Other members of the task force on health care sustainability are governors from Oregon, Tennessee, Alabama, Arkansas, California, New York, South Dakota, Utah, Vermont, Maryland and Nevada.
New Mexico children could win a trip to Disney's Animal Kingdom or ride in a hot air balloon with Gov. Susana Martinez under a program that state officials hope will encourage students to read when they aren't in school.
The governor is to announce several reading contests on Wednesday in Albuquerque. The state is partnering with private and public organizations, including the city of Albuquerque, the University of New Mexico and the Albuquerque Isotopes.
Oil production in New Mexico has increased by nearly 50 percent over the last three years, making it one of five western states that have helped boost national production over the last three years.
Statistics from the U.S. Energy Information Administration show onshore oil production increased nationally by more than 2 million barrels a day — or nearly two-thirds — between February 2010 and February 2013.
North Dakota and Texas have been the driving forces, but New Mexico along with Oklahoma, Wyoming, Colorado and Utah account for 15 percent of the growth.
The U.S. Marshals Service in Albuquerque has auctioned seized vehicles and raised more than $200,000.
The agency said the auction over the weekend netted $212,175 for law enforcement and victims of crime groups. Among the items auctioned were a 1980 Chevrolet Corvette that sold for $3,800 and a 2005 Chevrolet Corvette that sold for $20,500.
Officials say the items auctioned once belonged to individuals and companies involved in criminal activity.
New Mexico State University is seeking to help ranchers with wildlife management and brush control amid a dangerous fire season.
The school is hosting a wildlife management round-table discussion Tuesday at the Southwest Center for Rangeland Sustainability for area ranchers.
Shad Cox, ranch manager of the Corona Range and Livestock Research Center, says reduced income for ranchers due to drought conditions has made managing wildlife for income diversification a very important component to land management.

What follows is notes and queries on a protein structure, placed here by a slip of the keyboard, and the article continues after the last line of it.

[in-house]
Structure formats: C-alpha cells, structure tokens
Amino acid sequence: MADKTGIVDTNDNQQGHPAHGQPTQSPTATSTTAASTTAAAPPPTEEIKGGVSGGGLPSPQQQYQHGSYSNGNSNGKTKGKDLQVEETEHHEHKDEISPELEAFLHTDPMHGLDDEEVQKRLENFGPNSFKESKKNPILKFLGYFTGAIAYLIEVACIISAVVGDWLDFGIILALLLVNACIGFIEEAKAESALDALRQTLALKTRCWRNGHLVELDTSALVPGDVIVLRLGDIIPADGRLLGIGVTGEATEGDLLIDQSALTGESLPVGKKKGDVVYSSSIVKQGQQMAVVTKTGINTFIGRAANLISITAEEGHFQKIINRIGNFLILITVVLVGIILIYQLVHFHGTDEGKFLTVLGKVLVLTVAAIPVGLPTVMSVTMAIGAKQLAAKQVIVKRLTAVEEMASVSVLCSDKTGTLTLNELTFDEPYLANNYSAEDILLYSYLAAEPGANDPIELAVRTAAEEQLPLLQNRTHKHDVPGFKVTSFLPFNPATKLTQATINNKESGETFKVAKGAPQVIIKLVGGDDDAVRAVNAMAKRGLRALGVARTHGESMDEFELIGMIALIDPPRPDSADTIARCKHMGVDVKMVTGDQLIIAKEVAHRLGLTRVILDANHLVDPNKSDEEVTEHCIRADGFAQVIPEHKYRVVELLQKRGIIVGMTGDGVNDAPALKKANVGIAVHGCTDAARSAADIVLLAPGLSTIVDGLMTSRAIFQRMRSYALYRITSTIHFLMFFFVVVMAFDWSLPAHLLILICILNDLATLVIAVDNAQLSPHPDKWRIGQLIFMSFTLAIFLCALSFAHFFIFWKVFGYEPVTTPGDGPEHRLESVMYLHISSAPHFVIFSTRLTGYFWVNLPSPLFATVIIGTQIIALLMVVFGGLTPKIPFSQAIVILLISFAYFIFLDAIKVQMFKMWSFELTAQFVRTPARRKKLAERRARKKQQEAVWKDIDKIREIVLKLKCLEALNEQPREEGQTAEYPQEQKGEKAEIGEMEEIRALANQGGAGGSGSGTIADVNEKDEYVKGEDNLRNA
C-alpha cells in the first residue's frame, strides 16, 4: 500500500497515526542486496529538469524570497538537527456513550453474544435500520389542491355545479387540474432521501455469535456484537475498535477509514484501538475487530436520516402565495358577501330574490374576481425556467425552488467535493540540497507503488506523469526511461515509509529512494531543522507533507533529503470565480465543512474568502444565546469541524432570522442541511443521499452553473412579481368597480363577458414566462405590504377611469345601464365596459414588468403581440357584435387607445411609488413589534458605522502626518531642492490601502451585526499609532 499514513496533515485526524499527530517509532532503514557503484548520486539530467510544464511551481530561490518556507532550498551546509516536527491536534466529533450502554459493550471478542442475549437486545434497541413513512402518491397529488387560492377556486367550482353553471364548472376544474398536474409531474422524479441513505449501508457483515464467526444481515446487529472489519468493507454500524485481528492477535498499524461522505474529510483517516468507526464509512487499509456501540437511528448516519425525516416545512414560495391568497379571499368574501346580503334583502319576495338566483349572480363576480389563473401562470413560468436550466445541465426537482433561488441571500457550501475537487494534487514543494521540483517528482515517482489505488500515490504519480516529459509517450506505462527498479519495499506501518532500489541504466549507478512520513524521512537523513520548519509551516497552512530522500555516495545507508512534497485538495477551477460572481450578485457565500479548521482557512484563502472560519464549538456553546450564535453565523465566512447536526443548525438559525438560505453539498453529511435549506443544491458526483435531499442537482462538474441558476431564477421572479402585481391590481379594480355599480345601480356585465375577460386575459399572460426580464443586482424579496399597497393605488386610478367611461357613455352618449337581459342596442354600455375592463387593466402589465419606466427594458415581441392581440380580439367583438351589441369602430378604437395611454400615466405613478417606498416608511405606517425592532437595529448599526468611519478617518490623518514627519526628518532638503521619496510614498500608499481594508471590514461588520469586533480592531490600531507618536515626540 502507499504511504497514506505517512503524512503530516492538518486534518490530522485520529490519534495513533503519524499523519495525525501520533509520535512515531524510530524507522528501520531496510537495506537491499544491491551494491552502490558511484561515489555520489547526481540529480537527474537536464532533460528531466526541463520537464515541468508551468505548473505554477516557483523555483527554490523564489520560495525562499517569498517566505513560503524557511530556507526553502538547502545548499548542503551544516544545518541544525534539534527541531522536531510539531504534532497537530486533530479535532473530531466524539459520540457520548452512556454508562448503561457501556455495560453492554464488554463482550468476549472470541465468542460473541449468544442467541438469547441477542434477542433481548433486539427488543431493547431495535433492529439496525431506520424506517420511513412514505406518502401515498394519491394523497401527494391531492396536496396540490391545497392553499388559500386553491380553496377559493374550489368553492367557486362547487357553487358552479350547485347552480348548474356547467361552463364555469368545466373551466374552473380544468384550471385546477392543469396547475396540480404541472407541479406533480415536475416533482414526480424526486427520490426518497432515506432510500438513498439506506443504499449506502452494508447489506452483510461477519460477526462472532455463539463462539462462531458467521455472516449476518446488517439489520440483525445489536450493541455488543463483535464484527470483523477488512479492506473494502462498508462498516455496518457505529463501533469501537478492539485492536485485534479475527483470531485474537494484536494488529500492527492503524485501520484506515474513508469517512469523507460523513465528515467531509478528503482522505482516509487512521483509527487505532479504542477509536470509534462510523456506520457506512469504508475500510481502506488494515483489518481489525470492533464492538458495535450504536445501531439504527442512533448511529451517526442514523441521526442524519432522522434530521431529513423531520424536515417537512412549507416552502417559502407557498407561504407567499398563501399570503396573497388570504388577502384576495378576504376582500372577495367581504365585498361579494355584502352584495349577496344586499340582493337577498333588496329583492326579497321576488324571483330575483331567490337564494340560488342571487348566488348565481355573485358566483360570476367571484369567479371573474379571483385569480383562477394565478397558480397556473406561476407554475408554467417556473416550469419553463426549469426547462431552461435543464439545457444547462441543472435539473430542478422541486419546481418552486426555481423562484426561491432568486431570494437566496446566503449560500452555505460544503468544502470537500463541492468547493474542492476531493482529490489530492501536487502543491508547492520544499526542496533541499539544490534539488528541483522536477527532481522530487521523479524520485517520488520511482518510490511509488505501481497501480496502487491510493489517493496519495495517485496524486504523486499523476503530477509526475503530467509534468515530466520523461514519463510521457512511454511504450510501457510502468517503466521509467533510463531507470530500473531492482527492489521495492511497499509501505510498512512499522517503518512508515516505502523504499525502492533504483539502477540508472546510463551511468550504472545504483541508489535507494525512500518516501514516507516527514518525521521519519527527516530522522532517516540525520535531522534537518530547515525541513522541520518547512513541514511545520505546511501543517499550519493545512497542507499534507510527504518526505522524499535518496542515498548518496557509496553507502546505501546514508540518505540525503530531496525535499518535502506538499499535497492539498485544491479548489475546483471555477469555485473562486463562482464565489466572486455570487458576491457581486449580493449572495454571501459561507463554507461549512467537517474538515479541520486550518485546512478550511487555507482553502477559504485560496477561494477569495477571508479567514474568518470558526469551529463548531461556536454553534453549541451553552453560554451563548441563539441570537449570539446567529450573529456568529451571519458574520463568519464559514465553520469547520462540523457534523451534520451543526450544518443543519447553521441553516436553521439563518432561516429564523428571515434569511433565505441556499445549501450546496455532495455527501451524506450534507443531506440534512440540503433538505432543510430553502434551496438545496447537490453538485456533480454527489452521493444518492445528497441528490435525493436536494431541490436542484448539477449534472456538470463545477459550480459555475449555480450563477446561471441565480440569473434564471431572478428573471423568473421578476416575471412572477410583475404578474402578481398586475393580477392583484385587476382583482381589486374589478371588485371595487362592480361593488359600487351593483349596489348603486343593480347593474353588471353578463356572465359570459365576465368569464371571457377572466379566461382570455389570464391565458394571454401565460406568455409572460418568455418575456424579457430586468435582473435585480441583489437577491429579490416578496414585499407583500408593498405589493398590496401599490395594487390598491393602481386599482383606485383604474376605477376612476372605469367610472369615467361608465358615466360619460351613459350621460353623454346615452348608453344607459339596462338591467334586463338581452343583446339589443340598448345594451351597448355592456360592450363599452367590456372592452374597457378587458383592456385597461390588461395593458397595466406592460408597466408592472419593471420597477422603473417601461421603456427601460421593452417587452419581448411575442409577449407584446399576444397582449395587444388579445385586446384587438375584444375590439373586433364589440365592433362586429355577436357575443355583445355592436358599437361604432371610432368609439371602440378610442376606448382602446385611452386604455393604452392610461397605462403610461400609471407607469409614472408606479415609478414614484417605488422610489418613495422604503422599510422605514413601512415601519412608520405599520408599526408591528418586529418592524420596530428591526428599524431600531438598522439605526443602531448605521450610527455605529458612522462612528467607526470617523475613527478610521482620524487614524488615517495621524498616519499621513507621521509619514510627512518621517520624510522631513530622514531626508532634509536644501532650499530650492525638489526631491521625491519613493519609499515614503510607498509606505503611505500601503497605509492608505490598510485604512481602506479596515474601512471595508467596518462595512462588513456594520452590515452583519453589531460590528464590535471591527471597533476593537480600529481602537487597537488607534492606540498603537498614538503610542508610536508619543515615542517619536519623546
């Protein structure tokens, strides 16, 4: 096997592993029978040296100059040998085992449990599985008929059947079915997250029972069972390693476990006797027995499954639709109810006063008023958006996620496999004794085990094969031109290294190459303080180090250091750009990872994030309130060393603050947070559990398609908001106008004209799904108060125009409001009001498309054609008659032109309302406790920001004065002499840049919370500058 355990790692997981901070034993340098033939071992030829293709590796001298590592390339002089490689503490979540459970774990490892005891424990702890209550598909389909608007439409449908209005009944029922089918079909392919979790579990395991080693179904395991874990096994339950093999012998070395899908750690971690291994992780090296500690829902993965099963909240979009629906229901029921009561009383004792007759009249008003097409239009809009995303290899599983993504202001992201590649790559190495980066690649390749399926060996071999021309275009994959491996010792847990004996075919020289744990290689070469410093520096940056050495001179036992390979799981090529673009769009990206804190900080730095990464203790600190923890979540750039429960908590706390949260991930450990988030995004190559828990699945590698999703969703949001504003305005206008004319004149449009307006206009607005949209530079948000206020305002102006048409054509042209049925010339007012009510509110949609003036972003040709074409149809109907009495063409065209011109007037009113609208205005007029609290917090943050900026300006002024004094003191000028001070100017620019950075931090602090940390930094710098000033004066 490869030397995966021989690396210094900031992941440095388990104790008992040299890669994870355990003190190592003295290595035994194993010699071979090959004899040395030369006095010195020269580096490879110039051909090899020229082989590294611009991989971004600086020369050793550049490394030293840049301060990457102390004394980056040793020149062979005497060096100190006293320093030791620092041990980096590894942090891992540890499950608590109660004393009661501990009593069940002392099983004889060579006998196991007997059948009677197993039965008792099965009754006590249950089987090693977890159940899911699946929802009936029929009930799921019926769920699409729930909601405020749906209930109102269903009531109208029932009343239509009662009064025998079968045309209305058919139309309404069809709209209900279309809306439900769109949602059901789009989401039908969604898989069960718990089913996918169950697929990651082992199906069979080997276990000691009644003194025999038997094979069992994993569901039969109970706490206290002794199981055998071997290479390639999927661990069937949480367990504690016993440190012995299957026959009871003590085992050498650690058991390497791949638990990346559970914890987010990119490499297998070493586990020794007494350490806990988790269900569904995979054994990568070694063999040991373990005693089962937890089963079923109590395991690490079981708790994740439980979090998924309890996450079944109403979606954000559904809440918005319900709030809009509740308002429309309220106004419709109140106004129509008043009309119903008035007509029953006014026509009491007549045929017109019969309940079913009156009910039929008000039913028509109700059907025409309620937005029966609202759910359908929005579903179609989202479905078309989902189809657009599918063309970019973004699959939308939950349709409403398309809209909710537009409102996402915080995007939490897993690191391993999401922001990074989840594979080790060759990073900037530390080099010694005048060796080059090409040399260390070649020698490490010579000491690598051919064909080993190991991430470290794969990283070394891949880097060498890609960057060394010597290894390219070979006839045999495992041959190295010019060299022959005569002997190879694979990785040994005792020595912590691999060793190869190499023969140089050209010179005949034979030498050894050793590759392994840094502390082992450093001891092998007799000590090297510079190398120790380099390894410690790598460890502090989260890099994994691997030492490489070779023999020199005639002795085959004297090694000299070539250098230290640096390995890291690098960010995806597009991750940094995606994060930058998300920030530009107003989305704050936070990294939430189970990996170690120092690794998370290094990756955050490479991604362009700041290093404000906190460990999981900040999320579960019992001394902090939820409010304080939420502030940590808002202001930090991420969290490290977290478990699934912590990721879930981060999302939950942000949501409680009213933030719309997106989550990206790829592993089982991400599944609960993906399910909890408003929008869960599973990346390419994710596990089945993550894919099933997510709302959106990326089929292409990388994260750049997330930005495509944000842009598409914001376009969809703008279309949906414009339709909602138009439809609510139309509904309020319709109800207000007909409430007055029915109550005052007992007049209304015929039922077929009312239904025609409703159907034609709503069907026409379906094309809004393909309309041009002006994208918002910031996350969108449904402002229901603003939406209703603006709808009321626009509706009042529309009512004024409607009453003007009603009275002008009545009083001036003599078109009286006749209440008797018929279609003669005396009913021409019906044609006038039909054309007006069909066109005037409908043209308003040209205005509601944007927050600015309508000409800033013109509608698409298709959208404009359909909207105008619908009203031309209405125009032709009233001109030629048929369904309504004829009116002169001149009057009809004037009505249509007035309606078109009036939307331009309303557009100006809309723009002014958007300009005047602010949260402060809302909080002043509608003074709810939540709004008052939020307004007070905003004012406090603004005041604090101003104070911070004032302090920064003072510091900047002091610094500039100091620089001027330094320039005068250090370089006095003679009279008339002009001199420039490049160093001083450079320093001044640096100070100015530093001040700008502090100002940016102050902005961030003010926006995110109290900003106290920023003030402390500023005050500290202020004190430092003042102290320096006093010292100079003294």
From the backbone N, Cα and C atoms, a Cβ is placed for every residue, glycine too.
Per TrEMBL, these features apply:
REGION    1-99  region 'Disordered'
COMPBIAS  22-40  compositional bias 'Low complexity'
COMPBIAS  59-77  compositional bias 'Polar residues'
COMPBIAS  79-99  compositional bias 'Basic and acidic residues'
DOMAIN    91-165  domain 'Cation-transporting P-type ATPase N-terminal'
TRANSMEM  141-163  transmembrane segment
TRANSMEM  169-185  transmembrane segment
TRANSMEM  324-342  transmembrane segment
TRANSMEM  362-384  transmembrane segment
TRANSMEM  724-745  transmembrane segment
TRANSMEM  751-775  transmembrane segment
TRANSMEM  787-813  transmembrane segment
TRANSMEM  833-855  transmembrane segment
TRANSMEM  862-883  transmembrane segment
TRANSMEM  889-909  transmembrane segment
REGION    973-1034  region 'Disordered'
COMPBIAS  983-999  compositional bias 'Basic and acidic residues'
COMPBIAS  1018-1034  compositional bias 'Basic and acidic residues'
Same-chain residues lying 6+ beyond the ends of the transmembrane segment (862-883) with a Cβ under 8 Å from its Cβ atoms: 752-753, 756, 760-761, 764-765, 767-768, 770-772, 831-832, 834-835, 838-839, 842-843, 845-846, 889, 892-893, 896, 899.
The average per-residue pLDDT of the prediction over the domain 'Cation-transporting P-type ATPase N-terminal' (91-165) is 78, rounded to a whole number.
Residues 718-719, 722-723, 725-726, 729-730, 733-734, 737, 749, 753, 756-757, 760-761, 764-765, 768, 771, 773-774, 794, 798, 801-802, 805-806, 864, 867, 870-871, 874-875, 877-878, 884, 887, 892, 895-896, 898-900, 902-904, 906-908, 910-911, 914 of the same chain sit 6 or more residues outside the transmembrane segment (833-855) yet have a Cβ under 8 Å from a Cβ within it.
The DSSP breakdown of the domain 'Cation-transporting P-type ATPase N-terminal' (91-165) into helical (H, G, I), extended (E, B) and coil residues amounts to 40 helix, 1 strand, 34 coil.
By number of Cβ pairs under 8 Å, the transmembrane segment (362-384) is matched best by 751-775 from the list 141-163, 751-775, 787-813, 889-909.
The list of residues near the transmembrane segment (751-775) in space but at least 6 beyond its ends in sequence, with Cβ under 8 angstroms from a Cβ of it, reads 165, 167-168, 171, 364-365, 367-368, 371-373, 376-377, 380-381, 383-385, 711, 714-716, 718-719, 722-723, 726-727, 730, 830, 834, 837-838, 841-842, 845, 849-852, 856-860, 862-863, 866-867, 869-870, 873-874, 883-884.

The Sundance Film Institute says four Native American filmmakers will be on the Mescalero Apache reservation in Southern New Mexico this week. The visit is the first stage of development for Native writers and directors hoping to release independent films in the coming years.
The League of United Latin American Citizens says two recent cases of Spanish being banned at New Mexico high school games are examples of a "disturbing" pattern.
Ralph Arellanes, New Mexico LULAC state director, said Monday that the group has heard of a least five cases of high school players being ordered this school year not to speaking Spanish. Arellanes says LULAC will begin an aggressive effort to monitor future cases, and if necessary, will file lawsuits.
The New Mexico Arts Commission says seven artists and supporters of the arts are recipients of this year's Governor's Awards for Excellence in the Arts.
An awards ceremony is scheduled Sept. 27 in Santa Fe at the New Mexico Museum of Arts and there will be a reception in the state Capitol.
The recipients are Rio Rancho painter and printmaker Edward Gonzales, Santa Fe painter Darren Vigil Gray, Taos musician Jenny Vincent, Taos painter and furniture maker Jim Wagner and Santa Fe potter Frank Willett.
The U.S. Forest Service expects to close its public comment period in mid-June on a draft environmental impact statement for the proposed Roca Honda uranium mine near Mount Taylor.
Strathmore Minerals Corp. and Sumitomo Corp. of Japan propose to sink one or two shafts to depths of 2,000 feet or more below three sections of Forest Service and state lands about 22 miles northeast of Grants.
The proposal has plenty of support from the local business community, but faces strong opposition from environmental and Native American groups.